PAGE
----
Remarks by Frederick D. Barton, Representative to ECOSOC, to the Executive Board of the United Nations Population Fund

Ambassador Rick Barton
U.S. Representative for Economic and Social Affairs 
U.S. Mission to the United Nations 
New York, NY
February 1, 2011


Thank you, Madame President, and thank you, Dr. Osotimehin, for your inaugural statement.  The United States warmly welcomes you as Executive Director of UNFPA and looks forward to working with you and your staff, and other members of the Executive Board.

The United States supports UNFPA’s work around the world, especially its efforts to increase access to family planning and reproductive health, reduce maternal mortality, prevent HIV, and integrate programs for maximum impact where possible. We also appreciate UNFPA’s successful efforts to advocate for women’s rights, including programs to increase the age of marriage and provide critical reproductive health care and services for survivors of gender based violence in emergency settings such as the aftermath of the earthquake in Haiti and the floods in Pakistan and Sri Lanka.

We welcome the consultation that you held last week with the Bureau and support your proposal to use the Program of Action developed during the 1994 International Conference on Population and Development as the guiding principle for UNFPA as it focuses on its core mandate of reproductive health, gender equality and population and development strategies. The upcoming mid-term review of UNFPA’s strategic plan will be a good opportunity for all of us to engage substantively on a roadmap for UNFPA for the next several years.  

In this regard, we note that cross-cutting issues that you highlighted, such as ageing, urbanization, climate change, migration and the largest generation of adolescents and young people will impact UNFPA’s programming and resource decisions in the years to come.  Moreover, endless natural disasters and increasing numbers of civil conflicts make it imperative that UNFPA strengthen its lifesaving interventions and technical assistance for women and families in emergency situations.  UNFPA should also focus on sharing its own gender development institutional experience with UN Women, as you suggested, to ensure the world benefits from increased women’s empowerment.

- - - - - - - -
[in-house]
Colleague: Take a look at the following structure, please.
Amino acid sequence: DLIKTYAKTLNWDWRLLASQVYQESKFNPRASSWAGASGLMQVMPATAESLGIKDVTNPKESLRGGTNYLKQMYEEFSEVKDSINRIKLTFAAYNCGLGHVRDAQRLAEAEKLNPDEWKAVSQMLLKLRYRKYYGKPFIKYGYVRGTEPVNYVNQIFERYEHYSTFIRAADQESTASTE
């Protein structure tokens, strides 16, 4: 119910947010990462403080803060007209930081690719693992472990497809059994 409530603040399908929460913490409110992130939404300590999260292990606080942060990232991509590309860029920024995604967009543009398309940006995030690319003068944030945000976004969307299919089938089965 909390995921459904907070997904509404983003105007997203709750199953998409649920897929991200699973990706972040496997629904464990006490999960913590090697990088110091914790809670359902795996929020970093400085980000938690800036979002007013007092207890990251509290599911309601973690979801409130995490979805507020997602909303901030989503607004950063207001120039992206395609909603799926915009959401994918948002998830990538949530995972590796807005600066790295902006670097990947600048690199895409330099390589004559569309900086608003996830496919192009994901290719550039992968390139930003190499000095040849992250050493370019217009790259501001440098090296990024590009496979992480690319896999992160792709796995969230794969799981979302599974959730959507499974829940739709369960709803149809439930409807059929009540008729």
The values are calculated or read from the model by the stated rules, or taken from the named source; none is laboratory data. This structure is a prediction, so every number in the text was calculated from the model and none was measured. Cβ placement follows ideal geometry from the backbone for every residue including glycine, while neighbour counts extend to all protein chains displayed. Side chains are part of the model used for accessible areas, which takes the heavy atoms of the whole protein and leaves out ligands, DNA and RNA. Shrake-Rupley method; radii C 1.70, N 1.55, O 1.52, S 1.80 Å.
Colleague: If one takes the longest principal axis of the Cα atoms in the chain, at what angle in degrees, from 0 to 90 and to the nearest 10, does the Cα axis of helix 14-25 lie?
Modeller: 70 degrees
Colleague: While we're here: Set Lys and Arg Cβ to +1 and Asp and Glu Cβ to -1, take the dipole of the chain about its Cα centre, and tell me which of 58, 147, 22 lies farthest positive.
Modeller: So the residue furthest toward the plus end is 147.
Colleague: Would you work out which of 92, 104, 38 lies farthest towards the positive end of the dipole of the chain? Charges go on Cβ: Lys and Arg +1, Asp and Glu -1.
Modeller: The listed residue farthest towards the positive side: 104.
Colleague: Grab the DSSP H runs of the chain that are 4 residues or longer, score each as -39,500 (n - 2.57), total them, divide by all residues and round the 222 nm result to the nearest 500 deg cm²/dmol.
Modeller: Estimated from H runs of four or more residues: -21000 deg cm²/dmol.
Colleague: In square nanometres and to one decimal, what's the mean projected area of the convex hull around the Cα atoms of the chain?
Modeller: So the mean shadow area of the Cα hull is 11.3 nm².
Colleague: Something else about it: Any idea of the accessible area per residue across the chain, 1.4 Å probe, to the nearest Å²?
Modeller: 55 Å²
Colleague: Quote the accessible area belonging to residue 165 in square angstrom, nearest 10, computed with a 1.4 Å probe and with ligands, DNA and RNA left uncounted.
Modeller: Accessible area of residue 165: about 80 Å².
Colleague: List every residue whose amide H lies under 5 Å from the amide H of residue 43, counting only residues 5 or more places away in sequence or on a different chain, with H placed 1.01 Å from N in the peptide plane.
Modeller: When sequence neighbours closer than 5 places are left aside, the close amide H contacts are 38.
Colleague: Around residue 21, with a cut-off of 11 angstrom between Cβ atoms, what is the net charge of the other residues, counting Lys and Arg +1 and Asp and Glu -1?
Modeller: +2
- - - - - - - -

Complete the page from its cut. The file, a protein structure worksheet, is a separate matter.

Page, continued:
We appreciate Dr. Osotimehin’s acknowledgement of the challenges UNFPA faces in regards to management issues.  Strengthening program effectiveness and management oversight has been a top priority for the Board.  We would like to continue our work – to build upon the transparency and accountability policy that the Board adopted over two years ago – to further strengthen UNFPA’s internal control and monitoring and oversight frameworks to ensure that expenditures are appropriately accounted for and that programs produce intended results. 

The UN’s Board of Auditors as well as UNFPA’s own internal audit offices have repeatedly pointed out that oversight of nationally executed programs has been a serious weakness. This is one area that needs urgent solutions from UNFPA’s management, and we appreciate your commitment.

A robust learning process is essential for UNFPA to improve its program effectiveness. High quality and sufficient quantities of evaluation are important inputs into this process, as is sustained management attention.  We ask you and your senior management to make it a top priority to improve UNFPA’s work in these areas.

Madame President, distinguished members of the Board and colleagues, thank you for your attention, and once again a warm welcome to Dr. Osotimehin. 


PRN: 2011/018